His pitch went something like this: “Hi, I am Joe Haldiman running for the State Senate and I wanted to talk to you about Richard Kimball, that embarrassing bum currently representing us. You must have heard by now that he is a baby killing abortionist, that he never graduated from college, that he is a pawn of labor, and is lying when he says he was born in Arizona.  He moved here from Illinois with the backing of their unions. We need to send him packing. That is why I agreed to run for this office.”  I looked over his shoulder at Mother Superior. The demonic expression now roasting on her face forced me to intercede, less she add to the mounting pile of shit that my life had become.

  “Hi, Fay,” as I put my arm around Haldiman’s shoulder, “This is my good buddy, Joe.”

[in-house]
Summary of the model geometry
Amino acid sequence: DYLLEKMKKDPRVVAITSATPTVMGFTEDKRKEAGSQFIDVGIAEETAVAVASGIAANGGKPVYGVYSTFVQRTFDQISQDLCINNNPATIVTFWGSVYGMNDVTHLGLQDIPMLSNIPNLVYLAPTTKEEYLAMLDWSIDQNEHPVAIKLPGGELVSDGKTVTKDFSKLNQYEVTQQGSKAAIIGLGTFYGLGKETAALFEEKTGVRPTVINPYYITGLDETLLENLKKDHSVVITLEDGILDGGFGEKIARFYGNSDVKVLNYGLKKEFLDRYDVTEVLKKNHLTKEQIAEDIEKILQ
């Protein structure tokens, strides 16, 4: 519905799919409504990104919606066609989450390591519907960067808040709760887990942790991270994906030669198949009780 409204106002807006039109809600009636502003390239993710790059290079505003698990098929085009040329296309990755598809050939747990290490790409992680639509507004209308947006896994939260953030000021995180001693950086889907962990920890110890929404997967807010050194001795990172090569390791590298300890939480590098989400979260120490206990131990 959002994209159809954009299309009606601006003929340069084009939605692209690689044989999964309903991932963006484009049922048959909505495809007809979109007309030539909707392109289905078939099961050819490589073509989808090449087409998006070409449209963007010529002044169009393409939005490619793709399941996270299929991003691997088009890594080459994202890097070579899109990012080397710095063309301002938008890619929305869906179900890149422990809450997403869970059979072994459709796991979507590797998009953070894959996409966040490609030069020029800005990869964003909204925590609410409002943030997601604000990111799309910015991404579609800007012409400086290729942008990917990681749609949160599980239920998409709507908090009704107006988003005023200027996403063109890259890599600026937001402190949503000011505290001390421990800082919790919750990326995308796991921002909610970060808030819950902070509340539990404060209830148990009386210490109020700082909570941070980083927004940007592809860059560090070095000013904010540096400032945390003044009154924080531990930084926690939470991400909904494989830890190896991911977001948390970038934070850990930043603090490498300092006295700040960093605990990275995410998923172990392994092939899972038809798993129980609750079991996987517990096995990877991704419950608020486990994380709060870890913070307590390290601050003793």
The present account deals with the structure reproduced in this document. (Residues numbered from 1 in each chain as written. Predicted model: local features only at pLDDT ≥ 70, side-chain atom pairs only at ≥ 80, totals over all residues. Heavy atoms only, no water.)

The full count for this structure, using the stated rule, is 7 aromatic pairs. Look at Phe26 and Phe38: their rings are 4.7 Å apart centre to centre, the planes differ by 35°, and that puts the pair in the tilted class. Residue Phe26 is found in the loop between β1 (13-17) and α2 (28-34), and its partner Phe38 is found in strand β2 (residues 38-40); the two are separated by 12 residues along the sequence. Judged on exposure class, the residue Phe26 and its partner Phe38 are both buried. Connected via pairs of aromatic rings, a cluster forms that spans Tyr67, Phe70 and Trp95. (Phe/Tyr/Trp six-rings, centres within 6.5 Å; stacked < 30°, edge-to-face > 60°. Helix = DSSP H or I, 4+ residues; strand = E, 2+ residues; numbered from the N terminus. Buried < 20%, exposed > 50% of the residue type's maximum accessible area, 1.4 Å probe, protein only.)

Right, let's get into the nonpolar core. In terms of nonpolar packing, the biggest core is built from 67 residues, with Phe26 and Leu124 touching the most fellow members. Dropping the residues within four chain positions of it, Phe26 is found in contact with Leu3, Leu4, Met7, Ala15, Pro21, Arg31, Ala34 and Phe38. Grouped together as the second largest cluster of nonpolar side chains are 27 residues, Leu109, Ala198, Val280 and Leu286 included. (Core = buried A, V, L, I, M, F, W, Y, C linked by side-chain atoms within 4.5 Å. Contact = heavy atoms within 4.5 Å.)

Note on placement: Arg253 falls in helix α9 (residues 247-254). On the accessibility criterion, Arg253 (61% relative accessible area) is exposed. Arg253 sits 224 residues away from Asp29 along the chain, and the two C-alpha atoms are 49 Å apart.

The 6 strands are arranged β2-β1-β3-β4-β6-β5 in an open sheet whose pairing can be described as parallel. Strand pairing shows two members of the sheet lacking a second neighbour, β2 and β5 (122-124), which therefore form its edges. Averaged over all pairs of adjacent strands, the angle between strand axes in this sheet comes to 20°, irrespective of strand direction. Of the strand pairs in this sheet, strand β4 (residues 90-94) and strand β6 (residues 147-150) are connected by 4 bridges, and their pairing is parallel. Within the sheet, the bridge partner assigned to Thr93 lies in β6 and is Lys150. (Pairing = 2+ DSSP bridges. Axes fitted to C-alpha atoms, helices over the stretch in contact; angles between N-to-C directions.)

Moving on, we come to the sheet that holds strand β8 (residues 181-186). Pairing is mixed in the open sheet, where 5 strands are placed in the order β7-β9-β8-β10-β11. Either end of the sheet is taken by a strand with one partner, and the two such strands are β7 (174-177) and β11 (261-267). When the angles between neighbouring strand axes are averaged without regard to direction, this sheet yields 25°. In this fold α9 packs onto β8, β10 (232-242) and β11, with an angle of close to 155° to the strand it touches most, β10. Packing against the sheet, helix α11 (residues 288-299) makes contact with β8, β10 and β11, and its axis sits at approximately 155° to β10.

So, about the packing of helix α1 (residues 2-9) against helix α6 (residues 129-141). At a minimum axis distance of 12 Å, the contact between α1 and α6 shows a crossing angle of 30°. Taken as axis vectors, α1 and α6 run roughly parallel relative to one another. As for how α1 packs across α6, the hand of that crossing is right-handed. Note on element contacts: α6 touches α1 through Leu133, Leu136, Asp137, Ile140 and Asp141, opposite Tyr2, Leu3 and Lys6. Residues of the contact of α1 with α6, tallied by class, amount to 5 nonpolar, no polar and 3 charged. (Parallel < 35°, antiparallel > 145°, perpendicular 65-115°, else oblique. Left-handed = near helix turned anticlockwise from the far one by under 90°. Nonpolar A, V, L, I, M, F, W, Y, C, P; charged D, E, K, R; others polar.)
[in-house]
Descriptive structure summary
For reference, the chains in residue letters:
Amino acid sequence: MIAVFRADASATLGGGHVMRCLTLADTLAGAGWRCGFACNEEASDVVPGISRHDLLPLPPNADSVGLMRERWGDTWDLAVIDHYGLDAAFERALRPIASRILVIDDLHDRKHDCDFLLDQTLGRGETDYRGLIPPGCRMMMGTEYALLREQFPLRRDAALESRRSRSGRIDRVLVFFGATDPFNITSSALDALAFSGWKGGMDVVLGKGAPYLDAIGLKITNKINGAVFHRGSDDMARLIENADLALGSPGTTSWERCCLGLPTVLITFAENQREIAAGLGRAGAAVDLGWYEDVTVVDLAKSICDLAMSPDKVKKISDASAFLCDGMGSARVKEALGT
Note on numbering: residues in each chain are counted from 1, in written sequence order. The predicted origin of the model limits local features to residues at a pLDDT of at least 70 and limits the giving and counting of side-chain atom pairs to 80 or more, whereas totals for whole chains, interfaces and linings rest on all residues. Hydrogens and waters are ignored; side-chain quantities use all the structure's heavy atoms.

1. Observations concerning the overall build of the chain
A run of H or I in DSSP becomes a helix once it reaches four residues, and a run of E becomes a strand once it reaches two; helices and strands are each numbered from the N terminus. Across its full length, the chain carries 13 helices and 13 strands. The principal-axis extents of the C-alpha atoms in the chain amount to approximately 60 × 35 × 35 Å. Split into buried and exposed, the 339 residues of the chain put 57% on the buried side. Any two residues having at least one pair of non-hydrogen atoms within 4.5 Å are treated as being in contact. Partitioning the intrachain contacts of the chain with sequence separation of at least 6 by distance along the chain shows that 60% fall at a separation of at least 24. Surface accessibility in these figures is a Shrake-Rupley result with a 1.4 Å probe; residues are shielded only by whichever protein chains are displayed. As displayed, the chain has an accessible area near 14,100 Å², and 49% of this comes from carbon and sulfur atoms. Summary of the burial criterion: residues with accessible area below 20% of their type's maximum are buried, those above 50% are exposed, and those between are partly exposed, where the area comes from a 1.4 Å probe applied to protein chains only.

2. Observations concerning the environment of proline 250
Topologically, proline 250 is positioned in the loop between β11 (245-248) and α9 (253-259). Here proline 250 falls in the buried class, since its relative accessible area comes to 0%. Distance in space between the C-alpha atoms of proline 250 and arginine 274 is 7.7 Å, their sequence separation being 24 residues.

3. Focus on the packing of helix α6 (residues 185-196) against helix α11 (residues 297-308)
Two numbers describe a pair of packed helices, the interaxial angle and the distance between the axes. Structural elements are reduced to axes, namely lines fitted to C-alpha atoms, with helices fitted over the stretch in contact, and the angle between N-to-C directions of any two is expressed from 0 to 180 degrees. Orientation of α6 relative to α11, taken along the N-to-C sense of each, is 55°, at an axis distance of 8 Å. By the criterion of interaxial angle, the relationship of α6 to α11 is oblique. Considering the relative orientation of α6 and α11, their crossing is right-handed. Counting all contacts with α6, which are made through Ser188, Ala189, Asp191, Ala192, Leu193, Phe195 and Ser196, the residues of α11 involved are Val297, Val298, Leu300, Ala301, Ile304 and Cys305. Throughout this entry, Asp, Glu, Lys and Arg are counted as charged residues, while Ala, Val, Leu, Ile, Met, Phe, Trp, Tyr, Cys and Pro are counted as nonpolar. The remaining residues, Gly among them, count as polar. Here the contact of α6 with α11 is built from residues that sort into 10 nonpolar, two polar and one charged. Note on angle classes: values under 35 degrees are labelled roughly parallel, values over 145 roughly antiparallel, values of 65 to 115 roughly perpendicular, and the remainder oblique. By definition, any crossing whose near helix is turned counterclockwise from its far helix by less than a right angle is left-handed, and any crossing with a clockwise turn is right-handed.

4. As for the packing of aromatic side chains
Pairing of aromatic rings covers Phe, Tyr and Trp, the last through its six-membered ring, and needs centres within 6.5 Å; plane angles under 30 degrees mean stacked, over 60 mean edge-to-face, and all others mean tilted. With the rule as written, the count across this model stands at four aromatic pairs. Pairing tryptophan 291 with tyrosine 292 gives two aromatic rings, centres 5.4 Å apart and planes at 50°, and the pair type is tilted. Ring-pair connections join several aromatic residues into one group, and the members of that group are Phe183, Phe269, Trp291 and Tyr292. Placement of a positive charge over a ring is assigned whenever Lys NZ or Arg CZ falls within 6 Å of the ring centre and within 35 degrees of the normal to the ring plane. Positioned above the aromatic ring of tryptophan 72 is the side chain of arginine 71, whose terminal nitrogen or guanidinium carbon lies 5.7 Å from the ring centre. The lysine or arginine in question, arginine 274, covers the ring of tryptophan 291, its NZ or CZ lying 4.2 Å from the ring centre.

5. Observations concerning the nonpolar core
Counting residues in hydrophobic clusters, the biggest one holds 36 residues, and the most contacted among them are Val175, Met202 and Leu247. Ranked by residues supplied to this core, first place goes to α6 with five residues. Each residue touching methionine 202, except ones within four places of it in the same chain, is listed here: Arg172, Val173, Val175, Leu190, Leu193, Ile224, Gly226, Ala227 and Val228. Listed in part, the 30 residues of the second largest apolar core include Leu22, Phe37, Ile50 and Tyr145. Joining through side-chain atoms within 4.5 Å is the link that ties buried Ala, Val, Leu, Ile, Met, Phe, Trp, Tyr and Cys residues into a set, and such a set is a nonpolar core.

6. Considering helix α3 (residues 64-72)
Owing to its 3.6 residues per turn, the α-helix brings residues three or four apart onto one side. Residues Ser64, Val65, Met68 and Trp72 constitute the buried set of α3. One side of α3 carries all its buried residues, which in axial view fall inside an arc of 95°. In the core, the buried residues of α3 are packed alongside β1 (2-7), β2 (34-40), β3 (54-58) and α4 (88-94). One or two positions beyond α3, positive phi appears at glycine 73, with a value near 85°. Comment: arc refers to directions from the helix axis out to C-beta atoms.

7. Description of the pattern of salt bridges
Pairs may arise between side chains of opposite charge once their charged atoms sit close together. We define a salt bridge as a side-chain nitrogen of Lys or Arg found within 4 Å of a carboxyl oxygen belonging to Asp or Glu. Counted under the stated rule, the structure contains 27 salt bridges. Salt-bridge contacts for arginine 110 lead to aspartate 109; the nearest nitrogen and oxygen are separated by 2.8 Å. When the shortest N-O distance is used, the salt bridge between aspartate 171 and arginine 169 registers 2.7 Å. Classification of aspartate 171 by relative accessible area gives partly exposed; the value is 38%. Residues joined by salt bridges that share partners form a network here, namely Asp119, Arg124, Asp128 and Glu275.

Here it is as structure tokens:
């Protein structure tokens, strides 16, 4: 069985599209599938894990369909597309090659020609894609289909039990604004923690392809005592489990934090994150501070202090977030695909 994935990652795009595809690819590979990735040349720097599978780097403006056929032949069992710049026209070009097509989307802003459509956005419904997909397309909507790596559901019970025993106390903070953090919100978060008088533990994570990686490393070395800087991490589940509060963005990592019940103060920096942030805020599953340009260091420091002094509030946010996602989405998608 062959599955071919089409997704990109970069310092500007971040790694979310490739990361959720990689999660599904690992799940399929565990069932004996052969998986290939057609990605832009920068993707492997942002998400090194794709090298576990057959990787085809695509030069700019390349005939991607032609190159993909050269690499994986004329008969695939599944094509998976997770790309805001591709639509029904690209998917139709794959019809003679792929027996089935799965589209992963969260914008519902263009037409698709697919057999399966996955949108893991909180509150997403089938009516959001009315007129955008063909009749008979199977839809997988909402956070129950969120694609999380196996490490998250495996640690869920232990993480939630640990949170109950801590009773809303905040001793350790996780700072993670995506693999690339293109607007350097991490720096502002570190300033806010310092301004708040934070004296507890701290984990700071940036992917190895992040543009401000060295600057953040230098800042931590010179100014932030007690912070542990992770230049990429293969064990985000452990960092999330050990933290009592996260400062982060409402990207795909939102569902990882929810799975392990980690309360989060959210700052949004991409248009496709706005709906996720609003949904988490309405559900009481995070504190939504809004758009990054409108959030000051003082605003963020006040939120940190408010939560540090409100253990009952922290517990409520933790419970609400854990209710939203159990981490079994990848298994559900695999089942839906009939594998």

Election Day was getting close, and they still hadn’t found the assassin who had threatened the President and me. His wife, who had become a good friend, and I were still in hiding. Then for some inexplicable reason Broom walked right into the Democratic Party Headquarters as if it were just another day on the job. Everyone had been given an emergency number on the unexpected chance that he might appear.  I happened to already be on my way there for a meeting but wasn’t as quick as the various forces looking for him. When I arrived, Broom was sequestered in a back room surrounded by a couple of Secret Service Agents and the local police.  After an hour or so an agent came out and I asked if I might see Broom alone for a minute. The agent, thinking me naive, said that it wasn’t a very good idea.  “Listen,” I said, “He was my trusted friend, he is not armed and if I just have a minute, I might find out some things that would be helpful to all of us.”  Surprisingly, they agreed, which instantly suggested that they were far more interested in protecting Jimmy Carter than they were me.